A little advice: Do NOT show pictures or demonstrations of what NOT to do. Visual images stick in the mind, and at some point somebody will, in a hurried moment, do exactly what you DON'T want them to do because it's in their minds. I think it's Nursing magazine (or maybe RN, I forget) that has a do's and don'ts feature every issue; they used to show an illustration of the don'ts, and it made me crazy so one day I wrote to them and said, "You can use words to describe the "don't," but use the illustrations only for the "do." Darned if they haven't done it that way ever since :).

Exception: one of the most brilliant anti-demos I ever saw was in a Boy Scout training session on how to teach new Scouts how to prepare for an overnight hike. Of course, the audience was all very experienced at this, and the instructor knew it, so when he came onstage dressed in suit and tie, in hard patent-leather shoes, carrying an IMMENSE pair of plastic garbage bags stuffed with waaaaaay too much stuff and inappropriate stuff-- a Weber grille, a complete PlayStation, a football, a pink Barbie sleep-over sleeping bag, enough junk food for an army, three gallon jugs of water, every camping reference book ever written ... well, you get the picture. Completely and over-the-top ridiculous is entertaining in a presentation like this, so nobody can possibly mistake it for actual advice.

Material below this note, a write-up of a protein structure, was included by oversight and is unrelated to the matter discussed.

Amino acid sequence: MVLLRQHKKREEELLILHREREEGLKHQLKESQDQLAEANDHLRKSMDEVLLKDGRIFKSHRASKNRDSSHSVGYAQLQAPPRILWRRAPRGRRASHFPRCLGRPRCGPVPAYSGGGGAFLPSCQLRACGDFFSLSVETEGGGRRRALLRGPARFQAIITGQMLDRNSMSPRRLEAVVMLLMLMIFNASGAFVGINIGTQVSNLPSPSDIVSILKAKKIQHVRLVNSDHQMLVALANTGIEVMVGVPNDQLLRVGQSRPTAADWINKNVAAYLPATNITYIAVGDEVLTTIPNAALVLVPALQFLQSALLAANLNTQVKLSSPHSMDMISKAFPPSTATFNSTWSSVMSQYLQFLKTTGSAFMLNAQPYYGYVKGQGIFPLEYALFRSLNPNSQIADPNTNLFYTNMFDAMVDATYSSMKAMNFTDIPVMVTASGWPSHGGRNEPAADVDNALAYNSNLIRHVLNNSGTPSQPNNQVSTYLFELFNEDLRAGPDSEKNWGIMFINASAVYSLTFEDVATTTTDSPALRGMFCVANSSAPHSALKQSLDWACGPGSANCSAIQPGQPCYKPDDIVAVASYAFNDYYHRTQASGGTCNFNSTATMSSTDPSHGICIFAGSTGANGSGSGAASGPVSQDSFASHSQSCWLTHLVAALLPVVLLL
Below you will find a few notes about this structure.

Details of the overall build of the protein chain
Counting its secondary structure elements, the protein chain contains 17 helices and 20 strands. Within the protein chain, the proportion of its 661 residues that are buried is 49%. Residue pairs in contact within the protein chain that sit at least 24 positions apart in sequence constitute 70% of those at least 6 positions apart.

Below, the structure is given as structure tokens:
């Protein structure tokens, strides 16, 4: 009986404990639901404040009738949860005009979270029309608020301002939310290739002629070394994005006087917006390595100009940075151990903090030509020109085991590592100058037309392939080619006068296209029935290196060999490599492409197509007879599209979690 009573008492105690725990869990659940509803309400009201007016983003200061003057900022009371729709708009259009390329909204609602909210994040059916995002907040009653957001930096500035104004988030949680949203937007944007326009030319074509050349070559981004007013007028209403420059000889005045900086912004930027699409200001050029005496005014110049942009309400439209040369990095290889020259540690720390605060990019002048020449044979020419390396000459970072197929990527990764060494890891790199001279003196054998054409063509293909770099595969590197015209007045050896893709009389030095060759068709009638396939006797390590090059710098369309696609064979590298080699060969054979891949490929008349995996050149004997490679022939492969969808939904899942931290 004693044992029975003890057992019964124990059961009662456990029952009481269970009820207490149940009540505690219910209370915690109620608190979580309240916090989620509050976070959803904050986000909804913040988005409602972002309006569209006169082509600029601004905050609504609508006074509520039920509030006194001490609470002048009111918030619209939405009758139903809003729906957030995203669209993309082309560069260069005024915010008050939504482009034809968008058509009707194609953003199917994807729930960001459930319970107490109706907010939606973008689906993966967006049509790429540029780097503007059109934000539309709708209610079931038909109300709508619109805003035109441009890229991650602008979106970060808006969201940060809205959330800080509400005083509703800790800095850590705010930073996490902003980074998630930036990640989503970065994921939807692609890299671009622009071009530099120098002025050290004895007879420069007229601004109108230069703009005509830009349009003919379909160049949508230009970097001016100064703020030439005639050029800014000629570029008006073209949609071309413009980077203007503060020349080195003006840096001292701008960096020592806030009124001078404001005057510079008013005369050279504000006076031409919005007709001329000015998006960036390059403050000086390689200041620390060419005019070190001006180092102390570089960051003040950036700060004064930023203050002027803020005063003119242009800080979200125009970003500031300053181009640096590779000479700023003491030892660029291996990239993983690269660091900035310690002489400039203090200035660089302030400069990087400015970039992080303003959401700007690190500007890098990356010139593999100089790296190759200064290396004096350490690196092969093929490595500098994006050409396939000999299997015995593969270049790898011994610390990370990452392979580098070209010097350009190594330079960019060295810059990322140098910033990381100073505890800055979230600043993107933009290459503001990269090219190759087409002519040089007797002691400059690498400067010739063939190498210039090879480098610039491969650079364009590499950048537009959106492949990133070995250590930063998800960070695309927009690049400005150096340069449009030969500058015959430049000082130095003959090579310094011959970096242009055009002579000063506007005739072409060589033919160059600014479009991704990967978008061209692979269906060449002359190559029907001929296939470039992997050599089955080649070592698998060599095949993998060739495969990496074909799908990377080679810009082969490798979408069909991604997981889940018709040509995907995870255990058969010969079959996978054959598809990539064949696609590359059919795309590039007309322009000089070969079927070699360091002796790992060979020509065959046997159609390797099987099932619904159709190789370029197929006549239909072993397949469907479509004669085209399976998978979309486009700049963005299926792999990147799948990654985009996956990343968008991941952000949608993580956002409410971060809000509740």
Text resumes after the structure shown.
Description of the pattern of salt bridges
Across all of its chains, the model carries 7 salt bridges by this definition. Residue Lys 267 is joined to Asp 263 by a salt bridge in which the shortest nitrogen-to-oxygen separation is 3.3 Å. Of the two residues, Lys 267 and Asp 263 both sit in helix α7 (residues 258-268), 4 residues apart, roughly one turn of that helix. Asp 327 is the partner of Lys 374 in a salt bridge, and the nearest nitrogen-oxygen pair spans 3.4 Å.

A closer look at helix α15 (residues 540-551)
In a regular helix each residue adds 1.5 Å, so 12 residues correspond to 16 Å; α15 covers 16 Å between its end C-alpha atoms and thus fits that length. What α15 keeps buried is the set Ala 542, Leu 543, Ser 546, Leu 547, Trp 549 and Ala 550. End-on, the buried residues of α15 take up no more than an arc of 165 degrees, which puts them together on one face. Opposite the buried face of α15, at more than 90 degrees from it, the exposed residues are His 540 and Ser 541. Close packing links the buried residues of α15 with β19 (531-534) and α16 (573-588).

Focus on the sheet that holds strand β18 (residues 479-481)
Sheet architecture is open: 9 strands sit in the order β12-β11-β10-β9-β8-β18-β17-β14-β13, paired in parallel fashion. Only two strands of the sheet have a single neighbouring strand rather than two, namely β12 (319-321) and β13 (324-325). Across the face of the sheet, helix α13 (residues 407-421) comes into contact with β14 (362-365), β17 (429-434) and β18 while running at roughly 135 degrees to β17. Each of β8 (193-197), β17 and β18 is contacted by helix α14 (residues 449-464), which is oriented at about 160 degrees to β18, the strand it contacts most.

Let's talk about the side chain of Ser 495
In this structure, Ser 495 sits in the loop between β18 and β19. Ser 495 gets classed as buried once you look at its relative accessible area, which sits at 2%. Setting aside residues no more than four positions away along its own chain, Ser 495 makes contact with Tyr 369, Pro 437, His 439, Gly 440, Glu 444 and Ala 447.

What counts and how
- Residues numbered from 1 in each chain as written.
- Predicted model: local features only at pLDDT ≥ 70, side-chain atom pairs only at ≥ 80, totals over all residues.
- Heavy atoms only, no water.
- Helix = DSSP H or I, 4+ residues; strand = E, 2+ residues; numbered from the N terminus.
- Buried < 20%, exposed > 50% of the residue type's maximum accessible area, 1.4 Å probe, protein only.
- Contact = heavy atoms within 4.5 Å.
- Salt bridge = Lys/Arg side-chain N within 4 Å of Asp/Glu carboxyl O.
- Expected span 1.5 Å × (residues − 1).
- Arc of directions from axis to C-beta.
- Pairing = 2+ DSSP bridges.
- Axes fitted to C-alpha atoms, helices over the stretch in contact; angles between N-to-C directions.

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1,578 Visitors; 18 Posts

excellent point! I will make sure and avoid the DON'T pictures. That really is great advice.

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rkitty198 has 11 years experience and works as a Nurse-BSN-CMS.

5,896 Visitors; 420 Posts

Okay I guess if you got an entire magazine to change it's ways avoid the dont's then don't do it :) Personally I like them and just because I see it dosent mean I will insert an iv into the finger the wrong direction or attempt to access a port a cath with an 18 gauge needle- hehe just kiddin.

I guess there is a good point there, that if these are people who are new to this then it makes sense to leave them out. I swear every idea I come up with on this site gets shot down :) guess I really suck in that department.

My hubby is a firefighter and has done an io and he was so proud of that day! By the way they also were shown pics of what not to do, and I guess like a car accident nothing draws the attention better than a gory picture.

Good luck OP! You will do great!

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iluvivt has 32 years experience and works as a Infusion specialtist.

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You can pm me about some CVC samples. Also there is so much to vascular access.infusion and infusion therapies..if you could narrow it down a bit I can give you a lot of ideas. Are your main concerns in obtaining access,monitoring and care of all types of CVCs,port access and care,troubleshooting all complications. Do you want to talk about prevention of CRBSI,maximal barrier precautions,SHEA/IDSA guidelines,CDC guidelines, per INS standards.prevention of CRT. What is your main goal or concern? Personally ,I do not agree with not showing pictures of devasting results that can occur from poor nursing care or showing pictures of a simple or complex infiltration/extravastion. It helps RNs realize that complications can have horrible life long effects and most are preventable.